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By Paul Losch

About this blog: I was a "corporate brat" growing up and lived in different parts of the country, ending in Houston, Texas for high school. After attending college at UC Davis, and getting an MBA at Harvard, I embarked on a marketing career, mai...  (More)

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Rail CEO pledges transparency, accountability

Uploaded: Oct 14, 2010
California High-Speed Rail Authority CEO Roelef van Ark vowed this week to keep updating state legislators about the progress of the high-speed rail, even if the reports aren't tied to funding for the controversial mega-project. Related story:
Governor vetoes rail 'accountability' stick

Read the full story here http://www.PaloAltoOnline.com/news/show_story.php?id=18616 posted Thursday, October 14, 2010, 3:44 PM
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Posted by Paul Losch, a resident of ,
on Oct 14, 2010 at 7:00 pm

Paul Losch is a registered user.

Great that we have someone with experience in HSR, and pledges transparency and accountability.

The Elephant in the Room? This HSR project makes no sense.

If this guy is really worth his salt, he will eventually recommend that this particular concept be ended.

Posted by Howard, a resident of ,
on Oct 14, 2010 at 8:28 pm

To the contrary, HSR is at least 50 years overdue, and it is going to happen -- will ye; nill ye.

Posted by Lisa, a resident of ,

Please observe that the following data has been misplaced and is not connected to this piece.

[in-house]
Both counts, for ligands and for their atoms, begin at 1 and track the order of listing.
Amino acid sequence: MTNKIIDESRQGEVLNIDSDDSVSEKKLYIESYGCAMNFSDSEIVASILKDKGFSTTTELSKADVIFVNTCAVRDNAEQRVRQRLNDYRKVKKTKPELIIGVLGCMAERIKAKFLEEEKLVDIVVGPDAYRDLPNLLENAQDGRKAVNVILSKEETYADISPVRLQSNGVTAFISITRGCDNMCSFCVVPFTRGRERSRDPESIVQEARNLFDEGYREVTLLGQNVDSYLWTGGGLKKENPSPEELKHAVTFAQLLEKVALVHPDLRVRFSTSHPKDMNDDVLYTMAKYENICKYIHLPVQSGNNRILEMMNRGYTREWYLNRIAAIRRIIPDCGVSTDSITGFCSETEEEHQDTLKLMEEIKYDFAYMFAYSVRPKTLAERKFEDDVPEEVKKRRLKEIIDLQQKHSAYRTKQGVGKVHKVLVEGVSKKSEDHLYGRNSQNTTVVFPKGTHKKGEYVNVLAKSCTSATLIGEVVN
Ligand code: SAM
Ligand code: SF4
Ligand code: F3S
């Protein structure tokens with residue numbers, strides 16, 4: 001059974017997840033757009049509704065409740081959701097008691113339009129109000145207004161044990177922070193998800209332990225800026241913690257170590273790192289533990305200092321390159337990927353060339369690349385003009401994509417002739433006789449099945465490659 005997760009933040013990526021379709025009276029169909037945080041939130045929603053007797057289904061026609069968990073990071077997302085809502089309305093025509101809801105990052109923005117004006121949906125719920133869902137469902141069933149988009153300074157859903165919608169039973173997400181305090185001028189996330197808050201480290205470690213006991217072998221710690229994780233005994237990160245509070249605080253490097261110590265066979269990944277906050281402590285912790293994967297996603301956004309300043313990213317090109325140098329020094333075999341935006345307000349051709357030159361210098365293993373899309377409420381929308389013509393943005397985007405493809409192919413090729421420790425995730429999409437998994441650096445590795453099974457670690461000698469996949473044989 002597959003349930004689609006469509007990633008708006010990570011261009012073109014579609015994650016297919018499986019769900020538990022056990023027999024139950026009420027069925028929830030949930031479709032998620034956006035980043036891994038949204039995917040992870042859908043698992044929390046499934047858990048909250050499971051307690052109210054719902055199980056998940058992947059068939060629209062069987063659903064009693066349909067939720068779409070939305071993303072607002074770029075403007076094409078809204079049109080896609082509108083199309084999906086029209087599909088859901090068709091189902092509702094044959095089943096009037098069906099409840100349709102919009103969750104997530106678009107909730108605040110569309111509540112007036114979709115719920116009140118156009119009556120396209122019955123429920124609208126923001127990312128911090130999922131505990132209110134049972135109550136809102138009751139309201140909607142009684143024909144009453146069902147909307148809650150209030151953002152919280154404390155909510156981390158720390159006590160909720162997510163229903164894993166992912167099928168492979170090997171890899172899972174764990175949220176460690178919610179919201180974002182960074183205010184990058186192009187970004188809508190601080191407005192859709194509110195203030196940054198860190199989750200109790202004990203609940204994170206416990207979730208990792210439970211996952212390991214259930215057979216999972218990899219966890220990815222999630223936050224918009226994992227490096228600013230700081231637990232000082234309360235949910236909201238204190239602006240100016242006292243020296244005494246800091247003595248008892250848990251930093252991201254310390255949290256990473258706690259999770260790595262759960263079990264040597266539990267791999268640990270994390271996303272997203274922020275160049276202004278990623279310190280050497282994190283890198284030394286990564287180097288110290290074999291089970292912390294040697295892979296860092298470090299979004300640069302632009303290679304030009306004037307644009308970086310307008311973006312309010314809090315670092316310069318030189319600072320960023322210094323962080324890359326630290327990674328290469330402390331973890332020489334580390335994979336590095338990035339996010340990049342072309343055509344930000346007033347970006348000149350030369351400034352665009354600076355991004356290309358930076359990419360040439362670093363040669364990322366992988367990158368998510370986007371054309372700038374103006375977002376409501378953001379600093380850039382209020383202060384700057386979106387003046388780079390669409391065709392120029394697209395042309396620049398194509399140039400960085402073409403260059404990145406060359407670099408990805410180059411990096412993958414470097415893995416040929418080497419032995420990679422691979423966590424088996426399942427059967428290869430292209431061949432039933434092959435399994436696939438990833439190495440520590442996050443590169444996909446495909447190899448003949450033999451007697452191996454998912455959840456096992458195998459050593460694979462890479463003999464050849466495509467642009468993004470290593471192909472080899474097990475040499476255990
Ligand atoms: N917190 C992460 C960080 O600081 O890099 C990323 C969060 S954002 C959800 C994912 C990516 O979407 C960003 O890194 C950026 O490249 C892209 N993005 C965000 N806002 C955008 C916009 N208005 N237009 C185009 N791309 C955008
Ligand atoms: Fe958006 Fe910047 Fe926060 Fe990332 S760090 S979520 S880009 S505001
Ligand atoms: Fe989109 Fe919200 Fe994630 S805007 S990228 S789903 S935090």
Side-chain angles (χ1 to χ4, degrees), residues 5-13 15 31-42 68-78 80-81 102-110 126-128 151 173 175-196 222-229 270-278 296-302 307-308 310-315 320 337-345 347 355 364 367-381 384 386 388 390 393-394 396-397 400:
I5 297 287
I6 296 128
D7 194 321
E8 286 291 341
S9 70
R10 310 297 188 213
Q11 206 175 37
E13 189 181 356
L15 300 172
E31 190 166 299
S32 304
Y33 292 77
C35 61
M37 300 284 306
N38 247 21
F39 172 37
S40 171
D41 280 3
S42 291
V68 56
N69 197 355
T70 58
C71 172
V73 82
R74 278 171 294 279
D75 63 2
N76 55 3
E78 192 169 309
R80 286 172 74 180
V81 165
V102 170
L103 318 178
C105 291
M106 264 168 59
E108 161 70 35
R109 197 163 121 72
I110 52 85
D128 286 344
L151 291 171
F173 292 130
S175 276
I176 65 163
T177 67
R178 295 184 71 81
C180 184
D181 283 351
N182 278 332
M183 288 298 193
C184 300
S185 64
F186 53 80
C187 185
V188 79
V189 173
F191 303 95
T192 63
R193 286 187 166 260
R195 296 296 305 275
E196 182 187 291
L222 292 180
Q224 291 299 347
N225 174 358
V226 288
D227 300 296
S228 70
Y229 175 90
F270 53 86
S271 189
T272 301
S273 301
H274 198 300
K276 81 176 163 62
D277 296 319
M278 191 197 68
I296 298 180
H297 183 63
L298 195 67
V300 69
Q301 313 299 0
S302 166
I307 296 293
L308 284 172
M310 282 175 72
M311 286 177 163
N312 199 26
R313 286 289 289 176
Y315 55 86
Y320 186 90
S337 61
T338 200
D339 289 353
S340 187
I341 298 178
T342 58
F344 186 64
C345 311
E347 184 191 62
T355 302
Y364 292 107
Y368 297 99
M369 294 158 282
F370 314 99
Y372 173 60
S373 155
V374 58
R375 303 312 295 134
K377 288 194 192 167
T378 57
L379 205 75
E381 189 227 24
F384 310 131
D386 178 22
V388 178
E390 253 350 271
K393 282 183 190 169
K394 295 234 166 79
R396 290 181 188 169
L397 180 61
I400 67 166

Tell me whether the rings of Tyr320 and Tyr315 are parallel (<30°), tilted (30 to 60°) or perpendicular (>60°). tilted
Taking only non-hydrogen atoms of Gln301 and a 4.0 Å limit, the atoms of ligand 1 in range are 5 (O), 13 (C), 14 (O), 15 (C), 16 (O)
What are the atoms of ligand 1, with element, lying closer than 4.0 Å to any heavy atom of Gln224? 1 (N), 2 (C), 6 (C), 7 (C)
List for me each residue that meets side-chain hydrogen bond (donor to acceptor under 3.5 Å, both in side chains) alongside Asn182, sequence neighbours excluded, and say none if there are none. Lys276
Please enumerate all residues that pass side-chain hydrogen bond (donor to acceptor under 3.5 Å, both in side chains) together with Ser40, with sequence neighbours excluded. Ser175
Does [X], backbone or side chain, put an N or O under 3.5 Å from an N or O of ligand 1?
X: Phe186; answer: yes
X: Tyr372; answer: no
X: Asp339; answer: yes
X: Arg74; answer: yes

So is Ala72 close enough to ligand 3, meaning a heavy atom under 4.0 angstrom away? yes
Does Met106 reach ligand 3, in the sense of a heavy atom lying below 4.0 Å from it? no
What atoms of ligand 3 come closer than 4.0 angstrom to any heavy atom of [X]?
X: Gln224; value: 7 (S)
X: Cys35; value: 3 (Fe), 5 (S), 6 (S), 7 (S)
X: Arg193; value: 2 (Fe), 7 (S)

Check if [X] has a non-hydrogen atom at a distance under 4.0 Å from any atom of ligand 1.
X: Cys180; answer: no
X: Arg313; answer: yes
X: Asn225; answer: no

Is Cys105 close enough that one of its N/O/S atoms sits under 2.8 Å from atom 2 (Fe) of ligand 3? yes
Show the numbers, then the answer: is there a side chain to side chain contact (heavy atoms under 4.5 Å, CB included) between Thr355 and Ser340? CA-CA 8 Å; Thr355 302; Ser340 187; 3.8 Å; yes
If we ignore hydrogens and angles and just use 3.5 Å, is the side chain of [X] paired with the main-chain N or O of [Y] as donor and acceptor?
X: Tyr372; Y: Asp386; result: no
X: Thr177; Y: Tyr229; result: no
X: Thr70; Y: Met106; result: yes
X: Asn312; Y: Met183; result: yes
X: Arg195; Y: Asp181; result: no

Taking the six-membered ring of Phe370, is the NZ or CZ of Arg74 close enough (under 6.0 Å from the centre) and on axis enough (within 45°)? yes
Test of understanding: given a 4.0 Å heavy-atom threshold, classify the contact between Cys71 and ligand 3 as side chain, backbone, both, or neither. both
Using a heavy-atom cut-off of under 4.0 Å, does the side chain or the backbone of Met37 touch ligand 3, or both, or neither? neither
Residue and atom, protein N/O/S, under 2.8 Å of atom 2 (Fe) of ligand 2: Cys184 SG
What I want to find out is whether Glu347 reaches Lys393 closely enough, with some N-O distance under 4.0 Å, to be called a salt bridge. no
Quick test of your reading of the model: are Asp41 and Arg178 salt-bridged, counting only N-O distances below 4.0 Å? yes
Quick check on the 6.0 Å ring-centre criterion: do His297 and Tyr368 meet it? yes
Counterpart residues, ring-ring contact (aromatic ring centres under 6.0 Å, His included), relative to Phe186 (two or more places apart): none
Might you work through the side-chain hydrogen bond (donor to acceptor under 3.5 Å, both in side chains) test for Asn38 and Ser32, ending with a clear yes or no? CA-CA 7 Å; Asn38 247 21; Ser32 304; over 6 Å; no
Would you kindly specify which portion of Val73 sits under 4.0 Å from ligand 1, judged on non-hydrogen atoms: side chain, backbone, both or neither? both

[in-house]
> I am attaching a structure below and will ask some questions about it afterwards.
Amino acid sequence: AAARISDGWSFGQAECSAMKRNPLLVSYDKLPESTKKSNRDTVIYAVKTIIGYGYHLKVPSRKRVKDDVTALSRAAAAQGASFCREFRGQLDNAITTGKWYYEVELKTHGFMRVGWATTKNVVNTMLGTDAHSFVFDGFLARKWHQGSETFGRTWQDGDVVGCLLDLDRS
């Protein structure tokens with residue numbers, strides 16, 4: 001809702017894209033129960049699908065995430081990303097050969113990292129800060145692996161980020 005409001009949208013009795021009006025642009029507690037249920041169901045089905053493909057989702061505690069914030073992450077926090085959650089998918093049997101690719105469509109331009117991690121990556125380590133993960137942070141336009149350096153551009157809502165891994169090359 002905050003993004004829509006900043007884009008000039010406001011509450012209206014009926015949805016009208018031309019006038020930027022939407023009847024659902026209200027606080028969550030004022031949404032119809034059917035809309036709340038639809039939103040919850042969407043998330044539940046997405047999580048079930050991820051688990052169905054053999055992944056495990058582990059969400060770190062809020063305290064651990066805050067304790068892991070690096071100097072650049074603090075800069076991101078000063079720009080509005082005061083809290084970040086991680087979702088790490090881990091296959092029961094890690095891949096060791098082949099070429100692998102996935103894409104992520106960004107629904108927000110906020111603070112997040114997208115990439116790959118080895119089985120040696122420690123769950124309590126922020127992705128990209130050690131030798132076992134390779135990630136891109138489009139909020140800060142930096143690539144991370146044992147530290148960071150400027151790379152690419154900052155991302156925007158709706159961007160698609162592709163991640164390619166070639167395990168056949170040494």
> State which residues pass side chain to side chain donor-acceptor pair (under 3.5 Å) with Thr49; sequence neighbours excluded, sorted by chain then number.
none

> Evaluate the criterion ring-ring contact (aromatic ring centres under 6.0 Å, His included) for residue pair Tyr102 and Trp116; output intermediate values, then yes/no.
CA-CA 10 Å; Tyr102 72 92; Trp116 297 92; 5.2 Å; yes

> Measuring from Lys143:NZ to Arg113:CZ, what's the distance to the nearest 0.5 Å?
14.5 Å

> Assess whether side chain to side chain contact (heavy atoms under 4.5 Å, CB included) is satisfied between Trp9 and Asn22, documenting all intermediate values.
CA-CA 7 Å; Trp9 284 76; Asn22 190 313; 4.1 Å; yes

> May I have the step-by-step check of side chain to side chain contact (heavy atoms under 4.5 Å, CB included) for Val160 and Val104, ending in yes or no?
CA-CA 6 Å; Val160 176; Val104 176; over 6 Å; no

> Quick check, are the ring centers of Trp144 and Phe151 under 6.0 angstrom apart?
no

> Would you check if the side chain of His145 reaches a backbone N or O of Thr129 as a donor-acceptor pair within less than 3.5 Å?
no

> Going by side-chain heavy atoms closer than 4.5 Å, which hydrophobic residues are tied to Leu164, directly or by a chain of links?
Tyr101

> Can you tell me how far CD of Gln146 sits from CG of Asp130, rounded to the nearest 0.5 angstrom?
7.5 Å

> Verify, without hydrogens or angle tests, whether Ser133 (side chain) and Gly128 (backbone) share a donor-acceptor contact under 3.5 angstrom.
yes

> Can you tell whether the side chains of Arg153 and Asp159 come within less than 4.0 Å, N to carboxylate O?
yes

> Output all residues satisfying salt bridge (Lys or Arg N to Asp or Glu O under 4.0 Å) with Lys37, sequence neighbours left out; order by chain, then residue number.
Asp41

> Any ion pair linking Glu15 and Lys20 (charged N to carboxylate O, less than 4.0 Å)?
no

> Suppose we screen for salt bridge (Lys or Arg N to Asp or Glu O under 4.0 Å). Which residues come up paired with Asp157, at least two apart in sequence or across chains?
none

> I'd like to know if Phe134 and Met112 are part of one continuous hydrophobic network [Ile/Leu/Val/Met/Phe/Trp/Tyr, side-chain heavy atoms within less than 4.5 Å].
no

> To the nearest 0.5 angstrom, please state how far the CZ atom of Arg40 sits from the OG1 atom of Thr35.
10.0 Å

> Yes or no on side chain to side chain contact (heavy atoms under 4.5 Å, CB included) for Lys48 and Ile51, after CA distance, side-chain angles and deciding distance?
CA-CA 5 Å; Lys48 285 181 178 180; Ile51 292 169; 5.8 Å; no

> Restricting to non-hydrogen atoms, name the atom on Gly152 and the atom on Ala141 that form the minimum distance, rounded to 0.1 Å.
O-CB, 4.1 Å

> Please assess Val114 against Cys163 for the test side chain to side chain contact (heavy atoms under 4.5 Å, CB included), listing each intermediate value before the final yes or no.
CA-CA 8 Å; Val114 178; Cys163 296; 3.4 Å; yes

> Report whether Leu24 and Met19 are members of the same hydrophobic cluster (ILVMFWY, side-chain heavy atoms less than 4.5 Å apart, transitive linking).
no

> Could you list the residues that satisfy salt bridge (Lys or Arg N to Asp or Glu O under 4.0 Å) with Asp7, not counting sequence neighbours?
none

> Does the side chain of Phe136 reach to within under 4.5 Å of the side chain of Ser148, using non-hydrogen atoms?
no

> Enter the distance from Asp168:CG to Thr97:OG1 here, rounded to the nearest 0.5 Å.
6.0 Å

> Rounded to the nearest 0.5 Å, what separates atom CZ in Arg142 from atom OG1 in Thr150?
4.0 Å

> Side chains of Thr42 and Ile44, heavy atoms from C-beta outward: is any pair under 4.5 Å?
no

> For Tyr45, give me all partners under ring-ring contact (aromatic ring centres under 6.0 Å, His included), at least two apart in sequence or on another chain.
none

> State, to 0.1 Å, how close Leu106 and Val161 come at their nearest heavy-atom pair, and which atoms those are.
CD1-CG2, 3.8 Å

on Oct 15, 2010 at 12:30 am

High-Speed Rail is so 20th century in both thinking and technology.

Our 21st century is all about fiber optics. Fiber moves much more information far faster for a fraction of the cost of HSR.

Our state and nation should be investing in fiber rather than HSR.

Posted by Anon, a resident of ,
on Oct 15, 2010 at 8:29 am

Paul Losch wrote:

"The Elephant in the Room? This HSR project makes no sense."

"If this guy is really worth his salt, he will eventually recommend that this particular concept be ended."

Hang on there. Although it is easy to argue that this particular project is heavily flawed, that doesn't mean that HSR in general is a bad idea. Many of us have seen HSR work very well in other countries. This particular project is making two big mistakes:
1) Making downtown SF a required starting place, combined with
2) Insisting on ultra-high-speed for the entire length.
These two things combined will greatly increase the cost, and the local impact. In France, for example, the TGV train that I rode started out at a moderate speed where it had to, and then, once it reached the dedicated, wide-open, specially-built tracks, really opened up. In Europe, on some high-speed routes, several smaller, slower trains are combined at a junction (we could imagine, here, south of San Jose), into a larger, high-speed train. Also, they seem to have lost sight of the fact that the competition, here, is Southwest Airlines -- they need to compete economically and schedule-wise with Southwest-- door-to-door for the traveler. And, taxpayers clearly don't mind paying the up-front capital costs, but, as we have seen, they will greatly resent paying large, ongoing subsidies to pay for high labor-related operating costs.